Robert Foulis (printer)

Robert Foulis (20 April 1707 in Glasgow – 2 June 1776 in Edinburgh) was a Scottish printer and publisher.

Spartan Lessons; Glasgow: Robert and Andrew Foulis, 1759 (title-page)


Robert Foulis was born the son of a maltman. He was apprenticed to a barber, but was encouraged to become a publisher by Francis Hutcheson who was impressed by his ability. After spending 1738 and 1739 in England and France in company with his brother, Andrew, who had been intended for the church and had received a better education, Robert set up a publishing business in 1741 in Glasgow, and in 1742 acquired his own press. He bought type from the renowned type-maker and punch-cutter Alexander Wilson. In 1743 he was appointed printer to the Glasgow University. In the same year he produced the first Greek book published in Glasgow, namely the De Elocutione by Demetrius Phalereus. It was also offered in Latin.

Soon he went into partnership with his brother. Their press published books in English, Latin, Greek, French and Italian that were noticeable for their quality. Indeed, the brothers were sometimes referred to as "the Elzevirs of Britain." They spared no pains, and Robert went to France to procure manuscripts of the classics, and to engage a skilled engraver and a copper-plate printer.

Among authors whose works were published by the Foulis press were Homer, Horace, Milton and Thomas Gray. The Homer, for which John Flaxman's designs were executed, is perhaps the most famous production of the Foulis press. Famous as well, the 12mo edition of Horace was long, but erroneously, believed to be immaculate: though the successive sheets were posted in the university and a reward offered for the discovery of any inaccuracy, six errors at least, according to Thomas Frognall Dibdin, escaped detection; three of those were found by Duke Gordon.[1]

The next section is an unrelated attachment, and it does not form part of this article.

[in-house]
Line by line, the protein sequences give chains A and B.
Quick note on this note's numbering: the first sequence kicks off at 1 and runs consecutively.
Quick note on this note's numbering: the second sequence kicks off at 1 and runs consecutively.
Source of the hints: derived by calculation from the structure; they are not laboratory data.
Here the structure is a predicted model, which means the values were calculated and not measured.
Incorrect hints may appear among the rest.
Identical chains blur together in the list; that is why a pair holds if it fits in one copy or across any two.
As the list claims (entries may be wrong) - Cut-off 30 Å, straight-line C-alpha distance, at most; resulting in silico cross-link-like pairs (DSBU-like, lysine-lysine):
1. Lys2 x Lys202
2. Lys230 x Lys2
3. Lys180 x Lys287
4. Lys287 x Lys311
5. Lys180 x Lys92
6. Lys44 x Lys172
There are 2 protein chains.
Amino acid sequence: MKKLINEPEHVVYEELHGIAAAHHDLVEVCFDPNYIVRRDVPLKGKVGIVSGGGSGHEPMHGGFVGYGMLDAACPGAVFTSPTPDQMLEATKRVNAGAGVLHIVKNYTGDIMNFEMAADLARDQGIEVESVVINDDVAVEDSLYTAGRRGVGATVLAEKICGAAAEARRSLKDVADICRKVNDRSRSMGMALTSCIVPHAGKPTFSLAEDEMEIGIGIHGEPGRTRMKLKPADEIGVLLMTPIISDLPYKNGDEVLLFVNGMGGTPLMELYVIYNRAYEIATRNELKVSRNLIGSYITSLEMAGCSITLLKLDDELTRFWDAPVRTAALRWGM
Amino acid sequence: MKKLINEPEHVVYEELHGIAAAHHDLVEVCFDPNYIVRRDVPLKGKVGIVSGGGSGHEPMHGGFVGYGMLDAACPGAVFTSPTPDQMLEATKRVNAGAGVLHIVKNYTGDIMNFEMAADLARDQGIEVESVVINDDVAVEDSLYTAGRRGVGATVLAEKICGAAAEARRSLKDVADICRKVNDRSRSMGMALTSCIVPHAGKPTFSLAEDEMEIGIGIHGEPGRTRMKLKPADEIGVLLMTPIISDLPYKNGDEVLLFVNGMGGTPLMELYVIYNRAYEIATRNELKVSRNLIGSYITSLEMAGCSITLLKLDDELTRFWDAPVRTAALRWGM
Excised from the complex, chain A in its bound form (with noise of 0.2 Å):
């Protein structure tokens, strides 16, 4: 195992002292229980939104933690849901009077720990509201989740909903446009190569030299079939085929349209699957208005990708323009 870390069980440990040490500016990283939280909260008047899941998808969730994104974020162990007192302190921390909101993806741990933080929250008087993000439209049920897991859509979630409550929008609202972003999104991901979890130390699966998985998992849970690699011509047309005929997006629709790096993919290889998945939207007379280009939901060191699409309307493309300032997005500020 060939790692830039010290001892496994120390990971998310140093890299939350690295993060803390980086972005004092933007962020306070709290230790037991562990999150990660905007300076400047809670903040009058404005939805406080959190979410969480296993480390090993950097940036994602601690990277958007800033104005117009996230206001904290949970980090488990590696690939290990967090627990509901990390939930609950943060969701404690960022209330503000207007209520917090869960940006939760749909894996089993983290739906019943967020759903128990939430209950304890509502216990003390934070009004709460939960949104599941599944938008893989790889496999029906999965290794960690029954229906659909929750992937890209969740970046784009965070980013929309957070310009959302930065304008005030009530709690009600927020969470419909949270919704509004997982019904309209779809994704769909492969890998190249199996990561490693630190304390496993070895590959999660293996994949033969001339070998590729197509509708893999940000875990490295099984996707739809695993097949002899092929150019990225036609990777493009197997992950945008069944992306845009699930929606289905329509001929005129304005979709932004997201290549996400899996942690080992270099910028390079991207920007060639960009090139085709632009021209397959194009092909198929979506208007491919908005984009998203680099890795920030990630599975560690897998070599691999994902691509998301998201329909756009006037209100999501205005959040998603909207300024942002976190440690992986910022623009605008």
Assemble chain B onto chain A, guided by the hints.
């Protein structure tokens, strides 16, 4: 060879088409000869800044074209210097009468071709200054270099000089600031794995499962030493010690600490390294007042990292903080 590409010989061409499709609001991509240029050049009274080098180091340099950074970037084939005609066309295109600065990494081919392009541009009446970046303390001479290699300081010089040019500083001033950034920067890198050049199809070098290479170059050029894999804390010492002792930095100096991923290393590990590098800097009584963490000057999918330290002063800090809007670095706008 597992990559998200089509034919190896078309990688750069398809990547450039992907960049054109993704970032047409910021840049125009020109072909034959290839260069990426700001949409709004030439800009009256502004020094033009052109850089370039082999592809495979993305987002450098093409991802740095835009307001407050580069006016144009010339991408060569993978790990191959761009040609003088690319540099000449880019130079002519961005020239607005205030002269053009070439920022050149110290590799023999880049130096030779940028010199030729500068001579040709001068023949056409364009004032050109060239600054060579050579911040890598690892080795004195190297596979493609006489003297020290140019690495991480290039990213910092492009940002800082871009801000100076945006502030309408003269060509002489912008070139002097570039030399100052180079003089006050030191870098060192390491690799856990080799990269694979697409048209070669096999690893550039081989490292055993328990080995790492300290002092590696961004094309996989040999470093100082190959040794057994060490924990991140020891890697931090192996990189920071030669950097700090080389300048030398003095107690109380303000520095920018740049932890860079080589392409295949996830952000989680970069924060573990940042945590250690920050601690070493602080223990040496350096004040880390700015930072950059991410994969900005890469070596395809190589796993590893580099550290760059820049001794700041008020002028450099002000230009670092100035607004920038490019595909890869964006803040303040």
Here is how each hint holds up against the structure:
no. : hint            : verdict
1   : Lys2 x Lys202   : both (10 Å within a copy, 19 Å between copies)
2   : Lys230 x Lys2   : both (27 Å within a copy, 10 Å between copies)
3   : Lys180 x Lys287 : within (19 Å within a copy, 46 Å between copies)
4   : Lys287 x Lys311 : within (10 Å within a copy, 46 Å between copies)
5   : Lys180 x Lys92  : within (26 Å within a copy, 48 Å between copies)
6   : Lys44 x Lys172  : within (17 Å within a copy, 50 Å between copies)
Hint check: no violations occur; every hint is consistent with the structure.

It became their ambition to establish an institution for the encouragement of the fine arts. Though one of their chief patrons, the earl of Northumberland, warned them to "print for posterity and prosper," they spent their money in collecting pictures, pieces of sculpture and models, in paying for the education and traveling of youthful artists, and in copying the masterpieces of foreign art. This "Academy" not only proved a failure, but involved its founders in ruin. Robert went to London, hoping to realize a large sum by the sale of his pictures. They were sold for much less than he anticipated.

Robert was the author of a Catalogue of Paintings with Critical Remarks. The business was afterwards carried on under the same name by Robert's son Andrew. W. J. Duncan's Notices and Documents illustrative of the Literary History of Glasgow, printed for the Maitland Club in 1831, among other things contains a catalogue of the works printed at the Foulis press, and pictures, statues and busts in plaster of Paris produced at the "Academy" in Glasgow University.

The names of the brothers are often reproduced on title-pages and colophons of their publications in their Latinized form, "Robertus et Andreas Foulis".

The brothers were buried in the Ramshorn Cemetery. Due to a widening of Ingram Street the graves now lie beneath the pavement but are still marked, using their initials in the paving.[2]


  • Famous Glaswegians: Robert Foulis
  • Gazetteer for Scotland: Robert Foulis
  • Robert & Andrew Foulis, the Foulis Press, and Their Legacy
  • The Glasgow Story: Robert Foulis and Andrew Foulis
  • Chisholm, Hugh, ed. (1911). "Foulis, Andrew and Robert" . Encyclopædia Britannica (11th ed.). Cambridge University Press.
  • The Foulis Press and The Foulis Academy - Glasgow's Eighteenth-Century School of Art and Design, by George Fairfull-Smith, 2001


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